Create definition for the HDP Search repository

sudo vi /var/lib/ambari-server/resources/stacks/HDP/2.5/repos/repoinfo.xml

Find your os and add to it repo for HDP-SOLR (below is example for Ubuntu 14)

  <os family="ubuntu14">
    <repo>
      <baseurl>http://public-repo-1.hortonworks.com/HDP/ubuntu14/2.x/updates/2.5.0.0</baseurl>
      <repoid>HDP-2.5</repoid>
      <reponame>HDP</reponame>
    </repo>
    <repo>
      <baseurl>http://public-repo-1.hortonworks.com/HDP-UTILS-1.1.0.21/repos/ubuntu12</baseurl>
      <repoid>HDP-UTILS-1.1.0.21</repoid>
      <reponame>HDP-UTILS</reponame>
    </repo>
    <repo>
      <baseurl>http://public-repo-1.hortonworks.com/HDP-SOLR-2.5-100/repos/ubuntu14</baseurl>
      <repoid>HDP-SOLR-2.5-100</repoid>
      <reponame>HDP-SOLR</reponame>
    </repo>
  </os>

List of other systems.

 sudo ambari-server restart 

Log in to Ambari and click on Add Services. Solr should be available now (at the bottom)
solr-add-service-list

Solr can now be installed via Ambari. This is explained in this post.

Creating a multinode Apache Spark cluster on AWS from command line

The idea is to create a Spark cluster on AWS according to the needs, maximize the use of it and terminate it after the processing is done.

All the instances have Ubuntu 14.04 operating system, the instance used in the following script the free-tier t2.micro instance with 8GB storage and 1GB RAM.

To have this working from the command line, aws package has to be installed.

One instance, master in this case, is always in State “running” and this instance has the following installed:

  • aws package
  • Apache Spark

How to install Spark 2.0 is described here. There is also the link to the blog about how to install Spark History Server.

The Spark History Server can be reached on port 18080 – MASTER_PUBLIC_IP:18080 and Spark Master is on port 8080. If the pages do not load, start the services as spark user. The scripts for starting the services can be found in $SPARK_HOME/sbin.

The script for launching instances

The following script takes in one parameter – number of instances to launch and attach them to the spark cluster. These instances would become workers in the spark world.

A new script is created

vi create-spark-cluster.sh

And the following lines are written in it. Adjust accordingly (details below).

#!/bin/sh

#removes any old associations that have "worker" in it
sudo sed -i.bak '/worker/d' /etc/hosts

#removes known hosts from the file
sudo sed -i 'd' /home/ubuntu/.ssh/known_hosts

#run the loop to create as many slaves as defined in the input parameter
for i in $(seq -f %02g 1 $1)
do
  #name of the worker
  NAME="worker$i"

  #run the aws command to create an instance and run a script when the instance is created.
  #the command returns the private IP address which is used to update the local /etc/hosts file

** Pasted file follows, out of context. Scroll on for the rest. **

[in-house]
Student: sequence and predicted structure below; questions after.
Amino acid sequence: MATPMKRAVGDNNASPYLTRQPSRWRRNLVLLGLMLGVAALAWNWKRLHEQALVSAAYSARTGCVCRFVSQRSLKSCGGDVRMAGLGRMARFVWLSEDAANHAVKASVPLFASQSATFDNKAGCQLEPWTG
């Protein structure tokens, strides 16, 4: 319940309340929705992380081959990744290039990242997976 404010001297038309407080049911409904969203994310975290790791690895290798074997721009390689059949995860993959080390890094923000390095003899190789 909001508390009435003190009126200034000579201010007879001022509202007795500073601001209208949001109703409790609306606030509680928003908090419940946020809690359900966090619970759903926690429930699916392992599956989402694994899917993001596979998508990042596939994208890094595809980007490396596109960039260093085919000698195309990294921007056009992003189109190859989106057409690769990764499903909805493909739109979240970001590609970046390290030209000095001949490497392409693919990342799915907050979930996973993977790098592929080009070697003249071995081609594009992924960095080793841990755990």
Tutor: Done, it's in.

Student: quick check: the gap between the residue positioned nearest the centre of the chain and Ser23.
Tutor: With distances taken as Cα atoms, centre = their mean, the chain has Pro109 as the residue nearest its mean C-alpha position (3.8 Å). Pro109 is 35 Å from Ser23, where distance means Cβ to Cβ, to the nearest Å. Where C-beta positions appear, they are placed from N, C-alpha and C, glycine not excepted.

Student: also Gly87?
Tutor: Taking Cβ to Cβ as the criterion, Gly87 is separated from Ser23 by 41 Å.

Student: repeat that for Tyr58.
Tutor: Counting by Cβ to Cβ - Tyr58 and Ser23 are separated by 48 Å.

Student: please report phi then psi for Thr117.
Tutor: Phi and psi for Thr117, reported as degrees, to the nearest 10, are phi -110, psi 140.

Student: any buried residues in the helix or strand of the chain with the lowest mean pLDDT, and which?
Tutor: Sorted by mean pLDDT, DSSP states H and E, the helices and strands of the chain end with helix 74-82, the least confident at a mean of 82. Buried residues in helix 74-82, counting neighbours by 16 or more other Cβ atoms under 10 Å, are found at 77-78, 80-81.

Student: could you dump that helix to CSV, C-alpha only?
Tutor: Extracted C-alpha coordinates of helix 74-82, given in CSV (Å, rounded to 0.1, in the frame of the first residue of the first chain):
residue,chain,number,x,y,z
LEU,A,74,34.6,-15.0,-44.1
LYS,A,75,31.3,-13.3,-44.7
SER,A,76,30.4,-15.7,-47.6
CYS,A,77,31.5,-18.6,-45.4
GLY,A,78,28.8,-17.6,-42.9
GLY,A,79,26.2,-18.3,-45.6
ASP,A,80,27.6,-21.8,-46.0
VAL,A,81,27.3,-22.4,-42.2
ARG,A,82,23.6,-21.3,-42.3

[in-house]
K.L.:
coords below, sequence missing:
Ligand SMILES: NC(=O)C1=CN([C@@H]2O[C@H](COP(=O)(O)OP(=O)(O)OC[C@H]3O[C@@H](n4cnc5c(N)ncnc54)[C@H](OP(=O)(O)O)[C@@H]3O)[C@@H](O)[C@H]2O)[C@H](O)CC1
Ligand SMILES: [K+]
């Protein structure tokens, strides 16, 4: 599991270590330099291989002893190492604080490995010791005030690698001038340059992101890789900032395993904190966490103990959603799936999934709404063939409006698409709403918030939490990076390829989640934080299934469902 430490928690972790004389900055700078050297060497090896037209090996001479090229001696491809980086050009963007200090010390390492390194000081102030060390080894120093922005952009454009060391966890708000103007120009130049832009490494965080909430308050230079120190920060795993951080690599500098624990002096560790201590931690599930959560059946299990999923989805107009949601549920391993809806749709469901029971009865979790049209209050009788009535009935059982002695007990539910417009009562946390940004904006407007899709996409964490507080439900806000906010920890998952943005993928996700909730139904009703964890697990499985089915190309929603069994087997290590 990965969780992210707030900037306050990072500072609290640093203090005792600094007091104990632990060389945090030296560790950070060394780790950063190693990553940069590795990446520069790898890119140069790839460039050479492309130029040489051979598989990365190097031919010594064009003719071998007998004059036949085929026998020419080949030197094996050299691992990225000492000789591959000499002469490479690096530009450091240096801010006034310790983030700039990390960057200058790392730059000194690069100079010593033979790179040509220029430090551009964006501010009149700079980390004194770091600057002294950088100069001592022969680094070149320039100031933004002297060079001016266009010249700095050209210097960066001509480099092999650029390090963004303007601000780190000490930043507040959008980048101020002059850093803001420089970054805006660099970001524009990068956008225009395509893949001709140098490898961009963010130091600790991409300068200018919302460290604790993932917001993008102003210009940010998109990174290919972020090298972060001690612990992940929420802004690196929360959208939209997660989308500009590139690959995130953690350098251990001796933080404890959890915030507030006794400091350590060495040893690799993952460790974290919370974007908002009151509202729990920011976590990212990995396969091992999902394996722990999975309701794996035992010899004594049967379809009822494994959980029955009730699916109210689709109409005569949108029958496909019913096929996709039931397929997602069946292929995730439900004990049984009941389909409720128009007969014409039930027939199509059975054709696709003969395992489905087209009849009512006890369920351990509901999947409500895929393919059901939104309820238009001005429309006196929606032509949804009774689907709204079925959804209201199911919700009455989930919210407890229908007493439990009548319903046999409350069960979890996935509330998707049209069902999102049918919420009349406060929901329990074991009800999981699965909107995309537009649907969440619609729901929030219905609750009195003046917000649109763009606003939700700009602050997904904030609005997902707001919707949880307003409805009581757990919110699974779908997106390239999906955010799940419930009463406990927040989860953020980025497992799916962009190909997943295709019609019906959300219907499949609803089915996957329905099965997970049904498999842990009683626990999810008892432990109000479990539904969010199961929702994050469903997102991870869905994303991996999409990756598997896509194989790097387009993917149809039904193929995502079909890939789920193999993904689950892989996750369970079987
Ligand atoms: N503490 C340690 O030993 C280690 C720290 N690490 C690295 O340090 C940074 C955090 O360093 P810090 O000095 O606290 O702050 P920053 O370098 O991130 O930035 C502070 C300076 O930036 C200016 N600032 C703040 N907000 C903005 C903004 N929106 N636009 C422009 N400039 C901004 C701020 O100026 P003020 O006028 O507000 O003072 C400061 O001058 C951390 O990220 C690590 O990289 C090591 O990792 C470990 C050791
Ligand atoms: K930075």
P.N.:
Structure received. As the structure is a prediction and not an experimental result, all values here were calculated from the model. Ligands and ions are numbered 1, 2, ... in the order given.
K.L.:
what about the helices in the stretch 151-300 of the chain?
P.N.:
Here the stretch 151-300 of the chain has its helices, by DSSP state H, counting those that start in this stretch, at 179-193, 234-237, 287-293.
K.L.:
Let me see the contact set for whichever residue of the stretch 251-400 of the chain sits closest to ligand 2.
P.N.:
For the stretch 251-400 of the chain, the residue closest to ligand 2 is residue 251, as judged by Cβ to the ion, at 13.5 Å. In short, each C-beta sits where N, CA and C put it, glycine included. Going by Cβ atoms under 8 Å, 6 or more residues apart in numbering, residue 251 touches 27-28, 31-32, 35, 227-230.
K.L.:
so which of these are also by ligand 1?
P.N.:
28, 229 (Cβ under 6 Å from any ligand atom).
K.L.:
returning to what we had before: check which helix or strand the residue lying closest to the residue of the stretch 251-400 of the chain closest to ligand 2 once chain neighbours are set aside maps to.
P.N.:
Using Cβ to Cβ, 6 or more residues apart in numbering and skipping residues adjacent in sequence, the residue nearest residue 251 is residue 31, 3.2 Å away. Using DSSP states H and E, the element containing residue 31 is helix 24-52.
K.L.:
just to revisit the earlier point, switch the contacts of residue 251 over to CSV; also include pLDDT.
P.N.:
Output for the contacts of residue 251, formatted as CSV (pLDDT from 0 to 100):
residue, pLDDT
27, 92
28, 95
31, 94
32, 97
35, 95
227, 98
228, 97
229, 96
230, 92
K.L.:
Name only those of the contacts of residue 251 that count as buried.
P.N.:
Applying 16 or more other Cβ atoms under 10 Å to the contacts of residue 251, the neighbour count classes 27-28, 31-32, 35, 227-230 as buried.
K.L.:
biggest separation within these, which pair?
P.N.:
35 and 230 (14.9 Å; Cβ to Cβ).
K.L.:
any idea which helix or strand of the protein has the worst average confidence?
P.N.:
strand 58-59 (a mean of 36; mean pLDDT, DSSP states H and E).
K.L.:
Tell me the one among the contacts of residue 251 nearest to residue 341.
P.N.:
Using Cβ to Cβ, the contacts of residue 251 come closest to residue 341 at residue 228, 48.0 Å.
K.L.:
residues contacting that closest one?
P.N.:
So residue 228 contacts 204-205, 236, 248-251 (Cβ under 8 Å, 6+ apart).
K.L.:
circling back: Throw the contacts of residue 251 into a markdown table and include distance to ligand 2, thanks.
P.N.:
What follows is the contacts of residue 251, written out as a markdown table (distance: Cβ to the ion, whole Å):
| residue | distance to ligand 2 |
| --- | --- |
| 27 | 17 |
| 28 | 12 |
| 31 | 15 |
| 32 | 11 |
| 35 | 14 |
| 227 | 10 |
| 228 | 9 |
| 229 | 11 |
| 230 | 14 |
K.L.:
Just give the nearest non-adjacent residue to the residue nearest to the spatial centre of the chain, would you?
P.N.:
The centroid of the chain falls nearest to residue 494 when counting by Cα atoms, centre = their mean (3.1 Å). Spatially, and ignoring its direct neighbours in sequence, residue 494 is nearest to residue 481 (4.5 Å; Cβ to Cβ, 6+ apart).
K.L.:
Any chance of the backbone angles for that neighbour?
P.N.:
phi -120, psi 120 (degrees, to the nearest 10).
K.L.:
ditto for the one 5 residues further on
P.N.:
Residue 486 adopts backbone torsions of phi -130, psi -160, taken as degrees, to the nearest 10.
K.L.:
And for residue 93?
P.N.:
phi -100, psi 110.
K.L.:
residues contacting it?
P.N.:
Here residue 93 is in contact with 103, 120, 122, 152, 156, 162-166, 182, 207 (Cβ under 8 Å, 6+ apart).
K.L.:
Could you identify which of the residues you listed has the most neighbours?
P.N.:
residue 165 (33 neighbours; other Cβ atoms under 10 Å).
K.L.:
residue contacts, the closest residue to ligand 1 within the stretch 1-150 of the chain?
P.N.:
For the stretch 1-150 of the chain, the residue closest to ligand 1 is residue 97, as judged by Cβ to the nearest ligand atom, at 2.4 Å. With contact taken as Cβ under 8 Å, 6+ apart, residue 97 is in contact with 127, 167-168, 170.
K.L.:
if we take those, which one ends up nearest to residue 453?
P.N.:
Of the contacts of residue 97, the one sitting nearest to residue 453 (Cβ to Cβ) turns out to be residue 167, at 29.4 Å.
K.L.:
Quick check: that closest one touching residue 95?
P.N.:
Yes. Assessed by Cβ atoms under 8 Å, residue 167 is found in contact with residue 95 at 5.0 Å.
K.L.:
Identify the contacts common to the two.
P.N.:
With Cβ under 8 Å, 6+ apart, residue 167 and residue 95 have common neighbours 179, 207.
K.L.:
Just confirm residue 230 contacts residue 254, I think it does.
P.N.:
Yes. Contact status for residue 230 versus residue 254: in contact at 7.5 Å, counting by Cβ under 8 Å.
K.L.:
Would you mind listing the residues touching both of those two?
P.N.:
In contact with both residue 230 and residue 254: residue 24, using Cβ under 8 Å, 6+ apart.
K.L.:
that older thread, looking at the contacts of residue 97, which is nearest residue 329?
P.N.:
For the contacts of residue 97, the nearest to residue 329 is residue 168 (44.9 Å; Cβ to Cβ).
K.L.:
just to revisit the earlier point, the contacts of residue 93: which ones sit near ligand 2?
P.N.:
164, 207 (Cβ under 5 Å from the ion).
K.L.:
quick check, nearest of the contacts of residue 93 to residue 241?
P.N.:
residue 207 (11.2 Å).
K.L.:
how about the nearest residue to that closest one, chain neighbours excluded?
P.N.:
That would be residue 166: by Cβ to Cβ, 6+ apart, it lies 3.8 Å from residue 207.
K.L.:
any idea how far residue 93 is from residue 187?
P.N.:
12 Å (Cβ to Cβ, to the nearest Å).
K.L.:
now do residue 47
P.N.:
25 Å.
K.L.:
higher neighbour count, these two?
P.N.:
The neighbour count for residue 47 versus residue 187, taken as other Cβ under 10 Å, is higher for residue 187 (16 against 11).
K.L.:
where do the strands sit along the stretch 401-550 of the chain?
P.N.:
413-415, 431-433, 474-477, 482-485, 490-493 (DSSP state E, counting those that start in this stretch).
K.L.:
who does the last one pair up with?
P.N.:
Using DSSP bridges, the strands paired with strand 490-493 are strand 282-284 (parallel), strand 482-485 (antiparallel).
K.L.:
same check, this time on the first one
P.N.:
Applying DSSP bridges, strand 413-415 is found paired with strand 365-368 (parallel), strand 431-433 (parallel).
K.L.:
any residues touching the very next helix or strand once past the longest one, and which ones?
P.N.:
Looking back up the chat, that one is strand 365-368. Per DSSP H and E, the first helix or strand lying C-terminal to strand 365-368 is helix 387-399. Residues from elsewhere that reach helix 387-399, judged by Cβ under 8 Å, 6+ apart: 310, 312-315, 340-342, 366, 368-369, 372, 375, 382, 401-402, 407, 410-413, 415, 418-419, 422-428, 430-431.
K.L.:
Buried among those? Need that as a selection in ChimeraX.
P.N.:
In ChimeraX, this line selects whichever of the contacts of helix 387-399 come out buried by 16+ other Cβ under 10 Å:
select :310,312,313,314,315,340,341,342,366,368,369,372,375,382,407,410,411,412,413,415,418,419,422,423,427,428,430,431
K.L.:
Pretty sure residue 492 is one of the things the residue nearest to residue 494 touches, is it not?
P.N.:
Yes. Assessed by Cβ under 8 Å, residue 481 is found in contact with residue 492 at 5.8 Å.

PRIV_IP_ADDR=$(aws ec2 run-instances --image-id ami-0d77397e --count 1 \
            --instance-type t2.micro --key-name MYKEYPAIR \
            --user-data file:///PATH_TO_SCRIPT/user-data.sh \
            --subnet-id SUBNET_ID --security-group-ids SECURITY_GROUP \
            --associate-public-ip-address \
            --output text | grep PRIVATEIPADDRESSES | awk '{print $4 "\t" $3}')

   #add the IP and hostname association to the /etc/hosts file
   echo "$PRIV_IP_ADDR" "$NAME" | sudo tee -a /etc/hosts

done

Line 19: option user-data allows you to define a file that is run on the new instance. In this file, the steps for Spark worker installation and setup are defined.
MYKEYPAIR: name of the private key you use in AWS console when launching new instances (this is not a path to the private key on the instance you are running the script from!).
SUBNET_ID: ID of the subnet you are using. It is something one creates when starting with EC2 in AWS.
SECURITY_GROUP: name of the existing security group that this instance should use.

 

The script that runs at instance launch

The following commands in the script are run as soon as each instance is created.
At the top of the script, the operating system is updated, python is installed and JDK as well.

#!/bin/sh

sudo apt-get update -y  && \
sudo apt-get install python-minimal -y && \
sudo apt-get install default-jdk -y && \
cd /etc/ && \
sudo wget http://d3kbcqa49mib13.cloudfront.net/spark-2.0.1-bin-hadoop2.7.tgz && \
sudo tar -xvzf spark-2.0.1-bin-hadoop2.7.tgz && \
sudo rm spark-2.0.1-bin-hadoop2.7.tgz && \
sudo useradd spark && \
export SPARK_HOME=/etc/spark-2.0.1-bin-hadoop2.7 && \
sudo chown -R spark:spark $SPARK_HOME && \
sudo -u spark mkdir $SPARK_HOME/logs && \
sudo -u spark $SPARK_HOME/sbin/start-slave.sh spark://ip-10-0-0-95.eu-west-1.compute.internal:7077

Lines 6-7: Spark package is downloaded into /etc/ and unpacked.
Line 14: The slave is started and connected to the master node (Spark Master’s URL address is the script’s parameter).

Example of running the script

Thre following example creates a Spark cluster with 3 workers.

sh create-spark-cluster.sh 3

Example of the output:

10.0.0.104      ip-10-0-0-104.eu-west-1.compute.internal worker01
10.0.0.80       ip-10-0-0-80.eu-west-1.compute.internal worker02
10.0.0.47       ip-10-0-0-47.eu-west-1.compute.internal worker03